Anyway, the point of all that was to get to Dwight Howard. Billups texted me right after that dunk, saying (loose quote here) "everyone in that arena was thinking Soulja Boy, right?" I'd been thinking Shaq 2, but then Howard went out of his way to hammer it home: "It's my favorite song." And, if the white people didn't get it the first time, "it's like the song." Here's what's weird to me: Howard is one of the league's most wholesome rising stars. Why would he tempt fate by pushing unsuspecting fans that much closer to Urbandictionary.com?

Unless Dwight's smart about this, and knows that, when it comes to Soulja Boy, we really are living in two Americas. For some, the dance is about flying like a superhero, and that's consistent with the nice big dude Howard needs to sell. On the other hand, for plenty of people that reference is decidedly filthy, even if repetition has kind of reduced its edge to mush?

Of course, I've got to assume that Howard wants it both ways. That he wants that superhuman quality with an ear to the streets—without having the latter detected by anyone who might balk. And here, it's unequivocal: He wants it to mean two things, and it's both. It's a bolder move than Wade's commercial, which was only ever going to trip itself up with double meanings. Good thing it had insurance. Howard, he's out there without a safety net.

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40 Comments:

At 2/19/2008 5:52 PM, Blogger The wondering Mind said...

Shoals,

Sometimes you confound, just to be confounding.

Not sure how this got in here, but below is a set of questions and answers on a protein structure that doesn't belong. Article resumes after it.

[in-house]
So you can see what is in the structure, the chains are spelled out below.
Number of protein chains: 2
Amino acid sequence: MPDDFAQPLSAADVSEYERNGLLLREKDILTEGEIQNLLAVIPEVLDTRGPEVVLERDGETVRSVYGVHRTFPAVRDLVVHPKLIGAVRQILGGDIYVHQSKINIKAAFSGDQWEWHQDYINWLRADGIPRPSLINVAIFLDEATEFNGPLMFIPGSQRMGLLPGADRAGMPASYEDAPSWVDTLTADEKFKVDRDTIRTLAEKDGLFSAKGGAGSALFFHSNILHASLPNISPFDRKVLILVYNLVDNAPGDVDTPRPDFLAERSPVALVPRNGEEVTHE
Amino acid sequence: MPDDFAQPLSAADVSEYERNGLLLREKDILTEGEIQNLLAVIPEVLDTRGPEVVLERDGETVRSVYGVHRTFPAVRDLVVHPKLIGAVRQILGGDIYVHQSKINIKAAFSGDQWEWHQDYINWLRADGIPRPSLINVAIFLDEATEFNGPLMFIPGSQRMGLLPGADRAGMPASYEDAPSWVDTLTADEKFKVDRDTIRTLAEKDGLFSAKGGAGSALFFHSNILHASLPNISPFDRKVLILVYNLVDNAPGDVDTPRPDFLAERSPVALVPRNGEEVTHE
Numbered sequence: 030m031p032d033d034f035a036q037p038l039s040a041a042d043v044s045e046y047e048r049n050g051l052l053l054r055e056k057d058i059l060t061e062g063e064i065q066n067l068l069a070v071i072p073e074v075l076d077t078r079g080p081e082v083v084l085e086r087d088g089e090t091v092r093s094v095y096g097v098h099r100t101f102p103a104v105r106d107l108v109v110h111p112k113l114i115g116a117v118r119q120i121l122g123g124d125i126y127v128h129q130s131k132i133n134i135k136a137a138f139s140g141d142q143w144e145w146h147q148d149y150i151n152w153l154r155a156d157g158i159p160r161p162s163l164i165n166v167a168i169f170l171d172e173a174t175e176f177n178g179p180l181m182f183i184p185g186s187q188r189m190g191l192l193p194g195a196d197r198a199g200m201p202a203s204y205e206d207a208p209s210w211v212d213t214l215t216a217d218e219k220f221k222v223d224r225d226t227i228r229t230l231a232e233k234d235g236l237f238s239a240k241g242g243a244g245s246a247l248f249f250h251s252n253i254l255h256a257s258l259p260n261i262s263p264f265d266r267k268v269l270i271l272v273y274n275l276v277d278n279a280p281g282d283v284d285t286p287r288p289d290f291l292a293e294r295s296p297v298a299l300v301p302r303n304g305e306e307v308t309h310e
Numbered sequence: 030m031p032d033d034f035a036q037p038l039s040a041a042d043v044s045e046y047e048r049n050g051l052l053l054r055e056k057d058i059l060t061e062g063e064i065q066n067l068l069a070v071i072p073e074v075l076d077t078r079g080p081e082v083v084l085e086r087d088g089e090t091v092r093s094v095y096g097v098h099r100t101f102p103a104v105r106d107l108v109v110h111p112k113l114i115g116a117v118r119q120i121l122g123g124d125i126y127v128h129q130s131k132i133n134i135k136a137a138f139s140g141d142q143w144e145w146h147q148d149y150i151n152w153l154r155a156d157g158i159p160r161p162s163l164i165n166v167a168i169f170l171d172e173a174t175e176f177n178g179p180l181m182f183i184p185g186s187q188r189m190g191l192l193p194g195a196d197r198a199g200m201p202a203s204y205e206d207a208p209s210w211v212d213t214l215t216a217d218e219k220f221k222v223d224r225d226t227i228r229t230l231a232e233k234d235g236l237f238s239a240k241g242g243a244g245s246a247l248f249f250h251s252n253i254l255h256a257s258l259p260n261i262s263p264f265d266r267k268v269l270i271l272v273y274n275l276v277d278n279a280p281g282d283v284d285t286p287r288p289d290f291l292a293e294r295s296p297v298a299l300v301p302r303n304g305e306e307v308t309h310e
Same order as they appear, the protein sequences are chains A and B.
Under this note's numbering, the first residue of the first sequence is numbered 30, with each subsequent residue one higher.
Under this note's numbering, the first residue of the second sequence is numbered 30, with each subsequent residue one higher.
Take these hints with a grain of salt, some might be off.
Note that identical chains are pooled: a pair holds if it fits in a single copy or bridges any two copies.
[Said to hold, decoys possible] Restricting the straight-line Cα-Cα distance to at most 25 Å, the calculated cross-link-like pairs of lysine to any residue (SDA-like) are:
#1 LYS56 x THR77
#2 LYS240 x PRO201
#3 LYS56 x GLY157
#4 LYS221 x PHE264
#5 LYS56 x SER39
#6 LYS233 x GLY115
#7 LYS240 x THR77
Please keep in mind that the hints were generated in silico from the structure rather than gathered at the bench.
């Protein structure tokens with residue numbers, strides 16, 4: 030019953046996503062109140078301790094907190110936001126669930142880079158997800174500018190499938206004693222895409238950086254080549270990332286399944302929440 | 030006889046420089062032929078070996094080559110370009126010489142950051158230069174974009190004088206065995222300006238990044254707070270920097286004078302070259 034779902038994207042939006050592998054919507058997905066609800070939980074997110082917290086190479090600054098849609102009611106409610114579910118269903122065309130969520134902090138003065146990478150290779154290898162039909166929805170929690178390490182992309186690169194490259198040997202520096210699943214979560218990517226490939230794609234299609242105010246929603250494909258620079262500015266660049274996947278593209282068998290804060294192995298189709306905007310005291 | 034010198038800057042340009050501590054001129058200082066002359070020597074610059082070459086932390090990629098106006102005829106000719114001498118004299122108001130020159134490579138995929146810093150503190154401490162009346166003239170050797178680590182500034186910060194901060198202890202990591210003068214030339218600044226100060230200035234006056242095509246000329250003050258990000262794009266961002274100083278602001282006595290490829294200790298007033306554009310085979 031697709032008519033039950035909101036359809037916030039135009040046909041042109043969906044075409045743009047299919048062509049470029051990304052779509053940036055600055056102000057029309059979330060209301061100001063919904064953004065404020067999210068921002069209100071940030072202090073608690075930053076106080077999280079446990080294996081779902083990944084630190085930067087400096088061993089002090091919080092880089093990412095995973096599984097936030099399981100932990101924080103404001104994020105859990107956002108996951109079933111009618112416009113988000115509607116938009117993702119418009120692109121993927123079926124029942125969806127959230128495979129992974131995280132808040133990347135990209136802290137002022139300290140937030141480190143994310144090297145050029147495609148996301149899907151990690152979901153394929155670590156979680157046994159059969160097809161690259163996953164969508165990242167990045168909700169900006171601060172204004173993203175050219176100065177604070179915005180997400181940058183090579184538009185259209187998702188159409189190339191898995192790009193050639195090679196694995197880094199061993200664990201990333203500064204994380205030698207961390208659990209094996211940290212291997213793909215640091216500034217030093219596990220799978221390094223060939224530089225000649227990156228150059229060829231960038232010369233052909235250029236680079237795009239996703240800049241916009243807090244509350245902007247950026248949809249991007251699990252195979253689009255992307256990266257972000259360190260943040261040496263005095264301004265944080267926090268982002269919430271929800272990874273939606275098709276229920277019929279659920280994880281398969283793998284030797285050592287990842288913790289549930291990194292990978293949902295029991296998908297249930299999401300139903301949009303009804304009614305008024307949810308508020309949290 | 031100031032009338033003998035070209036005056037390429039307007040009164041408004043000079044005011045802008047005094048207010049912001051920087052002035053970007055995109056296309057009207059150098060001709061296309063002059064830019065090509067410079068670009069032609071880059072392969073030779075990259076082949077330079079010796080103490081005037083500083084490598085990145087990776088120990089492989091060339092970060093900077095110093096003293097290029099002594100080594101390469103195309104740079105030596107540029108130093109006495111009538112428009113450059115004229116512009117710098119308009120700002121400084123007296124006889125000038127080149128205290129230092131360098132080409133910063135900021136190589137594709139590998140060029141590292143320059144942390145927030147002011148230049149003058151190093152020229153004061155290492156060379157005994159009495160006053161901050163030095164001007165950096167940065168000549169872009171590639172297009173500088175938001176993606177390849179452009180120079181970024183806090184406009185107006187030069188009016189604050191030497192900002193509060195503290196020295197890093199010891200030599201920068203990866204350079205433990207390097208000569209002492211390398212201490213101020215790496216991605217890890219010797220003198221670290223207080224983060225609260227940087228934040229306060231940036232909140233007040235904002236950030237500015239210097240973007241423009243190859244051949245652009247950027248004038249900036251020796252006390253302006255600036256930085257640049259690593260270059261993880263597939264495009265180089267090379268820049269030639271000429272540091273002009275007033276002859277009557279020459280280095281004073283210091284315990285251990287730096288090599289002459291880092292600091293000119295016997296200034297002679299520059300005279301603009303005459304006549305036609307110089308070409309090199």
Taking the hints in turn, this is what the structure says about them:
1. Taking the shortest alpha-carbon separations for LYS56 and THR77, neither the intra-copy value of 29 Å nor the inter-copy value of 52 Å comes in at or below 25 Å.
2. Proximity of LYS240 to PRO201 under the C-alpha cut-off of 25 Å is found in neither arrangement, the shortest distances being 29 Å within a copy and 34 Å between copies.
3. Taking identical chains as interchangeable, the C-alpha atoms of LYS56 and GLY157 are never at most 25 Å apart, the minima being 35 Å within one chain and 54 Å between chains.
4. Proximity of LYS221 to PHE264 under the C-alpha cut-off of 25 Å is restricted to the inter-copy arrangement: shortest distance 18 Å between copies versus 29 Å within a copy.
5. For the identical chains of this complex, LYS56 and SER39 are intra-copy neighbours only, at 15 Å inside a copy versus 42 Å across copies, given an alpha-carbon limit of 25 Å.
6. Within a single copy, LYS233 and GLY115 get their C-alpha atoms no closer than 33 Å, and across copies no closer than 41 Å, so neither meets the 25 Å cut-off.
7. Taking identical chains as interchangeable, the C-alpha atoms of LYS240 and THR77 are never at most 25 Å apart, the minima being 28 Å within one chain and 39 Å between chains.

At 2/19/2008 5:56 PM, Blogger Bethlehem Shoals said...

That's bullshit. This is pretty basic stuff: Playing a song that samples Lou Reed versus playing the intro of a Velvet underground song. Samples transform shit. Superman means two different things now. Dwight Howard relishes that. What the fuck is difficult about that?

Oh, and I'm never posting at HH again. Fuck those comments over there.

 
At 2/19/2008 6:08 PM, Blogger Scott said...

I'm sorry, but what exactly are you referring to? What song was Howard referencing? (Thanks.)

 
At 2/19/2008 6:17 PM, Blogger Kirk Krack said...

What's confusing in this post is that the "filthy" interpretation of "superman dat hoe" just seems like a ridiculous retronym, rather than the intended meaning--a 17 year old kid who made his name on the internet with the song "just got my report card" (throw some d's on that...) definitely didn't go blue with his first big single to hoodwink the squares.

 
At 2/19/2008 6:21 PM, Blogger Bethlehem Shoals said...

That's more like it. But if I'm not mistaken, you went to grad school some, didn't you?

re: your comment. I think we're back in Gerald Green territory. Yes, Gerald Green is now shorthand for all questions of intention and interpretation in the NBA.

And btw Dwight Howard isn't as clean-cut as he used to be.

 
At 2/19/2008 6:31 PM, Blogger Brown Recluse, Esq. said...